Last month, the National Latina Institute for Reproductive Health (NLIRH) joined allies across the nation in recognizing LGBTQ Pride Month – our nation’s annual awareness month and celebration of LGBTQ people, culture, history, and achievements. During Pride NLIRH hosted and participated in a bevy of activities, including marching in the Capital Pride Parade and organizing a Google Hangout about the connection between reproductive justice and LGBTQ liberation. After this peak of activity, we asked Sebastian Velasquez, our Policy Analyst and lead on NLIRH LGBTQ liberation work, to reflect on the significance of Pride and how we celebrated it this year.
By Sebastian Velasquez
In the midst of a more sexually liberated and inclusive United States, Pride is a space where we center solely on celebrating our existence outside of an underground world and the victories brought by the LGBTQ liberation movement. Much of the current approach to combat homophobia is focused on raising awareness and educating others about the incredible diversity within the fluid spectrums of sexual orientation and gender identity. While this is undoubtedly important and essential work, the public displays of affection and acceptance during Pride go beyond this standard in order to celebrate our community.
Pride is an opportunity for people of color, immigrants, and transgender individuals to diversify the faces of LGBTQ people, who confront different forms of systematic oppression. It is for this reason that having multiple ethnic, racial, and ideological transgender and queer groups present during Pride activities provides added value to a movement that – without us – is incomplete in its approach to social justice. During Washington, D.C.’s Capital Pride Parade NLIRH staff organized a reproductive justice contingent, which was led by women and composed by LGBTQ-friendly faith groups, undocumented queers, and gender non-conforming individuals. Our very presence, which is outside of the idealized cisgender Anglo-descendent gay male, was a revolutionary act in itself.
On a daily basis, we continue to push mainstream LGBTQ organizations to be more involved in identity politics that transcend marriage equality and exclusively focus on sexual orientation. As a result, our LGBTQ liberation movement grows stronger in numbers and vision for a more accepting world for ALL people, regardless of their gender identity, sexual orientation, race/ethnicity, socioeconomic status, or immigration status.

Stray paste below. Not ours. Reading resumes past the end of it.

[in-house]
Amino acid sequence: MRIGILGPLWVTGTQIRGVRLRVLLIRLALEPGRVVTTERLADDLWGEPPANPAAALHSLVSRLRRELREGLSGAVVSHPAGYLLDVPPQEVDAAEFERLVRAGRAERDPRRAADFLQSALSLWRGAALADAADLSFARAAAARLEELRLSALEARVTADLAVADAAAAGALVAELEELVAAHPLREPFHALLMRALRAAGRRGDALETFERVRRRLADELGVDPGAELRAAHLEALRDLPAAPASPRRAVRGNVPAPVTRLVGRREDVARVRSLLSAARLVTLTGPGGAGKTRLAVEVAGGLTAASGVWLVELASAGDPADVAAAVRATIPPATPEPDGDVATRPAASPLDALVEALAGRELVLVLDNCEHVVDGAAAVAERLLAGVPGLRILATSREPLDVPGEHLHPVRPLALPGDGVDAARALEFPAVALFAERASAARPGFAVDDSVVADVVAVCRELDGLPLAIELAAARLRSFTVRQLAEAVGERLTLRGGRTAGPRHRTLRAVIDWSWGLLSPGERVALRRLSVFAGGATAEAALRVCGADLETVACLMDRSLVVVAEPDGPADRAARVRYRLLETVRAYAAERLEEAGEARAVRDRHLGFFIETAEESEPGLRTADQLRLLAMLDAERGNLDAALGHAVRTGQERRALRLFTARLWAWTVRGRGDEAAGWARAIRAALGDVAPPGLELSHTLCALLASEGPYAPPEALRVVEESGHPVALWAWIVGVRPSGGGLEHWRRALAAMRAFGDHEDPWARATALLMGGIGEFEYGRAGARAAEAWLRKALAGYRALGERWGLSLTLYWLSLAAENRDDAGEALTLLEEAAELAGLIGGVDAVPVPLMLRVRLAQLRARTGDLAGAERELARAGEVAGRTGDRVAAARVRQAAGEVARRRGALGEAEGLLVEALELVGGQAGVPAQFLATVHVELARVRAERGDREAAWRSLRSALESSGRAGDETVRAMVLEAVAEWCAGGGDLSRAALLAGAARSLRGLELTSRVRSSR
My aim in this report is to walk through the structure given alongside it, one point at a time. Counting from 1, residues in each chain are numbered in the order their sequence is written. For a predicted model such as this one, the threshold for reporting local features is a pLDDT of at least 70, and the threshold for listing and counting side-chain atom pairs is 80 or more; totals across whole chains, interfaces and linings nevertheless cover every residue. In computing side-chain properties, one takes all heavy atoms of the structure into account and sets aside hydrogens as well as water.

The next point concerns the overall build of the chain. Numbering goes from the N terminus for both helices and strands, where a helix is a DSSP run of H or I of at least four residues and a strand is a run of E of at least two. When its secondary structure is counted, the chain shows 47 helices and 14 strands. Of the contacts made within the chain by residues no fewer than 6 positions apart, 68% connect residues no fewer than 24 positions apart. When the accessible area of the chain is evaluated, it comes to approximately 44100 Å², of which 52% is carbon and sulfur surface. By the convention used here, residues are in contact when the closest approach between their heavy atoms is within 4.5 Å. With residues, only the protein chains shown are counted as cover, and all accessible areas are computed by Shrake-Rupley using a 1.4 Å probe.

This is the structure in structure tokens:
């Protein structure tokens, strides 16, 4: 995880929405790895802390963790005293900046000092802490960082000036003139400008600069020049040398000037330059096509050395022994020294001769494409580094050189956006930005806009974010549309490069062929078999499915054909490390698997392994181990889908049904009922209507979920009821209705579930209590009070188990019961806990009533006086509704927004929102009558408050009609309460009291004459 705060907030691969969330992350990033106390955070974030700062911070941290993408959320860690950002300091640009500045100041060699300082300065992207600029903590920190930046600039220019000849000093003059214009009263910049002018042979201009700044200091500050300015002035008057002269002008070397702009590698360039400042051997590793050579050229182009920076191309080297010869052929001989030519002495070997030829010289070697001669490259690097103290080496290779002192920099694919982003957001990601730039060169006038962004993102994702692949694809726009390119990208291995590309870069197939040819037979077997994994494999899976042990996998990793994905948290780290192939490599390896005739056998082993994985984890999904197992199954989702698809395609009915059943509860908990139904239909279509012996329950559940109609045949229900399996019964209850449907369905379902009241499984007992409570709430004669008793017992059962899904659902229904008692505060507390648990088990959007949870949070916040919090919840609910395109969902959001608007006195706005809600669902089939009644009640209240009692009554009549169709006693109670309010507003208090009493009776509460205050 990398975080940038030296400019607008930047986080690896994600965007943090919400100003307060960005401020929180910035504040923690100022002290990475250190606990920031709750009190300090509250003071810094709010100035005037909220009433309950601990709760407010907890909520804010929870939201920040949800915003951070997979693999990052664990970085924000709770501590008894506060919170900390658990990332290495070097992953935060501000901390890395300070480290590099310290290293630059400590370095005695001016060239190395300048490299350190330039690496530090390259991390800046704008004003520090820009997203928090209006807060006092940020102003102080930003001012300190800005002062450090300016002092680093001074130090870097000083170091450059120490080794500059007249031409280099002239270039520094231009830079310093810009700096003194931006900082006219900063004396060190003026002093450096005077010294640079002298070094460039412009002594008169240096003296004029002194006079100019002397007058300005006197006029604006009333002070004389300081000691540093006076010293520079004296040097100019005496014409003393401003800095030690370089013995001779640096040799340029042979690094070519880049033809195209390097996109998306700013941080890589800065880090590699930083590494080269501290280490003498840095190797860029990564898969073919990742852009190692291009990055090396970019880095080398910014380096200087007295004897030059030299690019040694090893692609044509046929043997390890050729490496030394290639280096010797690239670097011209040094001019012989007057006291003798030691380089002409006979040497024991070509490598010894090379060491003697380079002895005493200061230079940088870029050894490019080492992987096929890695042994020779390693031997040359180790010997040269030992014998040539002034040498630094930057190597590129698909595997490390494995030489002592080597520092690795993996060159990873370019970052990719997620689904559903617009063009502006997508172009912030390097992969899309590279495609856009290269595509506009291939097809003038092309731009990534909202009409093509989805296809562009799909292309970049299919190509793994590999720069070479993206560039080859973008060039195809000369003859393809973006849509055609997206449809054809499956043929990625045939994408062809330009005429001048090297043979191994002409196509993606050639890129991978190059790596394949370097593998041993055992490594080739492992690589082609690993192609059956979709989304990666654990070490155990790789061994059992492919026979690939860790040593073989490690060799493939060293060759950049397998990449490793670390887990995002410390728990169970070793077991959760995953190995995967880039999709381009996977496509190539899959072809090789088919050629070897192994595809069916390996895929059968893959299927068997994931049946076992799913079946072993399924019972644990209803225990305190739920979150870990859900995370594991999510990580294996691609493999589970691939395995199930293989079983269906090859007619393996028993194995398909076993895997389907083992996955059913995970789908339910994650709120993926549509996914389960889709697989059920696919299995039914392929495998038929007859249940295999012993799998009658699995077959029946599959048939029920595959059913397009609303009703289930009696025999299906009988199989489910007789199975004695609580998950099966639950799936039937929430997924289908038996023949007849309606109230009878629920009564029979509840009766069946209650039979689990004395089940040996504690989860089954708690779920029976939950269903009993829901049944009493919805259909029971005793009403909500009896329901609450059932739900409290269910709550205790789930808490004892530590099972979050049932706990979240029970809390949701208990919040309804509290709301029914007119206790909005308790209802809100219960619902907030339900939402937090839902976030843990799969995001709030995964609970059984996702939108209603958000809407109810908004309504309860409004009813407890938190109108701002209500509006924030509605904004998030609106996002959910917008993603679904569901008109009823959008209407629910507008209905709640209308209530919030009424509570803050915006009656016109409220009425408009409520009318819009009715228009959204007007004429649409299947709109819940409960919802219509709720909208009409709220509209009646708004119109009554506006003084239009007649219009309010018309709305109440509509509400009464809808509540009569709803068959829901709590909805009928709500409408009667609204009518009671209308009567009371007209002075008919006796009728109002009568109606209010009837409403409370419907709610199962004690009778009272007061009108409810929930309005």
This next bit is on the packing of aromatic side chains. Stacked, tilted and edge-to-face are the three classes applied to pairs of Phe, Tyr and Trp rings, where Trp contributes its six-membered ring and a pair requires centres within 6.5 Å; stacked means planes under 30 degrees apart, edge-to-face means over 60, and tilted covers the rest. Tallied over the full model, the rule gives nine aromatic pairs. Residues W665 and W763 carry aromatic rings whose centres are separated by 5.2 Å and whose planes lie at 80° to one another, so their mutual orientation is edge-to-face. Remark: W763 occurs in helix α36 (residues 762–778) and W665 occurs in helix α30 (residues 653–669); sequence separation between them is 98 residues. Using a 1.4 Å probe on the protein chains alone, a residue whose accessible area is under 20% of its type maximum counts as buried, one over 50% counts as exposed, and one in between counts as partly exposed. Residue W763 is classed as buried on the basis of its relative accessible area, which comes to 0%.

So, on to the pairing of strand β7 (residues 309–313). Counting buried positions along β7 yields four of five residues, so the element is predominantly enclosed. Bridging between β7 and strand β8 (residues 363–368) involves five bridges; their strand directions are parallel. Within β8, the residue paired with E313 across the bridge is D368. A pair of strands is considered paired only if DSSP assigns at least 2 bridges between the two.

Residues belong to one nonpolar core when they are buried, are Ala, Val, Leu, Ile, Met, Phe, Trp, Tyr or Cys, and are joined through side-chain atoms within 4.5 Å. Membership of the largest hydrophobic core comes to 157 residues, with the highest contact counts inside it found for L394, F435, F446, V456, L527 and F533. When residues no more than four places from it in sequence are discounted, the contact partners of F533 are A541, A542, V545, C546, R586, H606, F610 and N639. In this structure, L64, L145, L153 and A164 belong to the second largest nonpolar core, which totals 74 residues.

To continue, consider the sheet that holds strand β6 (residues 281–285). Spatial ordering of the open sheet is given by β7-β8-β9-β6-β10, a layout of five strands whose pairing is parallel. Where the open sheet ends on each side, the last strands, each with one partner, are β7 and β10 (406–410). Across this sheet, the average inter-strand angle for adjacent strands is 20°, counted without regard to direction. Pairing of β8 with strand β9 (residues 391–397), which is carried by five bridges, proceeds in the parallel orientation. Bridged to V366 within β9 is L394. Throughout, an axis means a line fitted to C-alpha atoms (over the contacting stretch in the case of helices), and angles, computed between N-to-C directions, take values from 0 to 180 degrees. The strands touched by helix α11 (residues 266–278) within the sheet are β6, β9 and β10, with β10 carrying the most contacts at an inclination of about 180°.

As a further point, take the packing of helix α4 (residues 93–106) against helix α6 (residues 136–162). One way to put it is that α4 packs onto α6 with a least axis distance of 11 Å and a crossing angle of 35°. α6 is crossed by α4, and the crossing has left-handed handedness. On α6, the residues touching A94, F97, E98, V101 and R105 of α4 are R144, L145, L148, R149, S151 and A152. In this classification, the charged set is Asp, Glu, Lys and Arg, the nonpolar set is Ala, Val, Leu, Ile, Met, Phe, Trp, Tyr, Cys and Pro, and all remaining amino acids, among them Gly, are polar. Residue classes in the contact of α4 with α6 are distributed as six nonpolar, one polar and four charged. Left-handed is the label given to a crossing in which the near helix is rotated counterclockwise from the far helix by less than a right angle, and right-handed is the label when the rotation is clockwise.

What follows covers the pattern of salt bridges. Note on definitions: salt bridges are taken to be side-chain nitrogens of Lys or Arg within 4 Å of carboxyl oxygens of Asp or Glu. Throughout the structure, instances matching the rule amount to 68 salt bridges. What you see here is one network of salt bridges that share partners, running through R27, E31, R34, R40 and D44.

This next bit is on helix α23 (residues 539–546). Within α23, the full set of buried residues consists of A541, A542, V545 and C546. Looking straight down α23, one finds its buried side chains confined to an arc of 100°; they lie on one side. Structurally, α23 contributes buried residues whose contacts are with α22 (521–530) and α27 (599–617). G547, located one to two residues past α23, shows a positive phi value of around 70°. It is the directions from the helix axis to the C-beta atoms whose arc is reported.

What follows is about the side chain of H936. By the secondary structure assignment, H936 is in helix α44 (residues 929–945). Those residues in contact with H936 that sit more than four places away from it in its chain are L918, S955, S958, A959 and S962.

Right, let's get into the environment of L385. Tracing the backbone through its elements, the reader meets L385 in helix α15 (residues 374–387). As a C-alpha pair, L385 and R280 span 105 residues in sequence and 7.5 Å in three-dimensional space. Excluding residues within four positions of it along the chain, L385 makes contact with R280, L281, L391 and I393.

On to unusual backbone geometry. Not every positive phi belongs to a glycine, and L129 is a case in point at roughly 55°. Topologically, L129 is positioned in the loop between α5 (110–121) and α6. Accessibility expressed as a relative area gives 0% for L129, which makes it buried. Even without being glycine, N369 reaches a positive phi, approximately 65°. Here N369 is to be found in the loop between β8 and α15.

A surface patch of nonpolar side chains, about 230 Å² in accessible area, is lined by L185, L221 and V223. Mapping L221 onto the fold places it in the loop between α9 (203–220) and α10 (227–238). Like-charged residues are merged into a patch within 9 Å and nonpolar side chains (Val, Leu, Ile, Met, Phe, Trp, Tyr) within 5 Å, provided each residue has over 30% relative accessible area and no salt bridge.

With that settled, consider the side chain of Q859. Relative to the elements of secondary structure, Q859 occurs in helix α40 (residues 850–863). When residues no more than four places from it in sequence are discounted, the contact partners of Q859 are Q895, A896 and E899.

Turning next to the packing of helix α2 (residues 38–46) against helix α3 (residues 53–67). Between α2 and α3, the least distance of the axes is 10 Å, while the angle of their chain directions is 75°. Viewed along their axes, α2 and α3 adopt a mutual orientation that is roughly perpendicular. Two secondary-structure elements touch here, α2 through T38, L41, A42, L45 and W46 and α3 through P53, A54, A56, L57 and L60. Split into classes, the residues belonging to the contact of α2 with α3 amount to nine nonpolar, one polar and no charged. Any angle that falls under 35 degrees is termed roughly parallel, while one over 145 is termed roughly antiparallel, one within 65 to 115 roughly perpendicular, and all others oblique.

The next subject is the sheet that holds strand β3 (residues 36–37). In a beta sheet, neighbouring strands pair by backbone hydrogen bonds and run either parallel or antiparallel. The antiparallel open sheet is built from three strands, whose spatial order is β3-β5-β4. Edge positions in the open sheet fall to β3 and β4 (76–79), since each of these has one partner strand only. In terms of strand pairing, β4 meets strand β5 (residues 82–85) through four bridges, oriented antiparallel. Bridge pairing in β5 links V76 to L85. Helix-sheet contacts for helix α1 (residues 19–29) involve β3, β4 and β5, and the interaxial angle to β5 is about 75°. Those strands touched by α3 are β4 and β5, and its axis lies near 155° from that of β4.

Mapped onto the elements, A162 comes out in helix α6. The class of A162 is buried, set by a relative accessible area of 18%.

Our approach to Pride was comprised of community and coalition building, civic engagement, and leadership gathering. It was an act of courage and joy to see the people in our RJ contingent that not only understood intersectional work, but also lived in the intersections in their daily lives. This was particularly important because we served as a visual representation of our theme, which was multi-dimensional LGBTQ liberation. Our contingent was comprised of allies from Queer Undocumented Immigrant Project (QUIP), Advocates for Youth, the National Center for Lesbian Rights, and the Religious Coalition for Reproductive Choice – all of whom were able to reconcile the complex identities held by diverse groups of LGBTQ people from many walks of life.
As an undocumented, queer, Catholic, humanist, and secularist Latin@, I marched next to herman@s who have helped me walk with my chin up and feel proud of every aspect of who I am. For once in an LGBTQ space, I was walking as a whole and not forced to choose between my multiple identities. Our participation in Pride attests to the always growing and comprehensive fight for justice and rights. May the rainbow and all of its colors continue to illuminate our pathway for equity.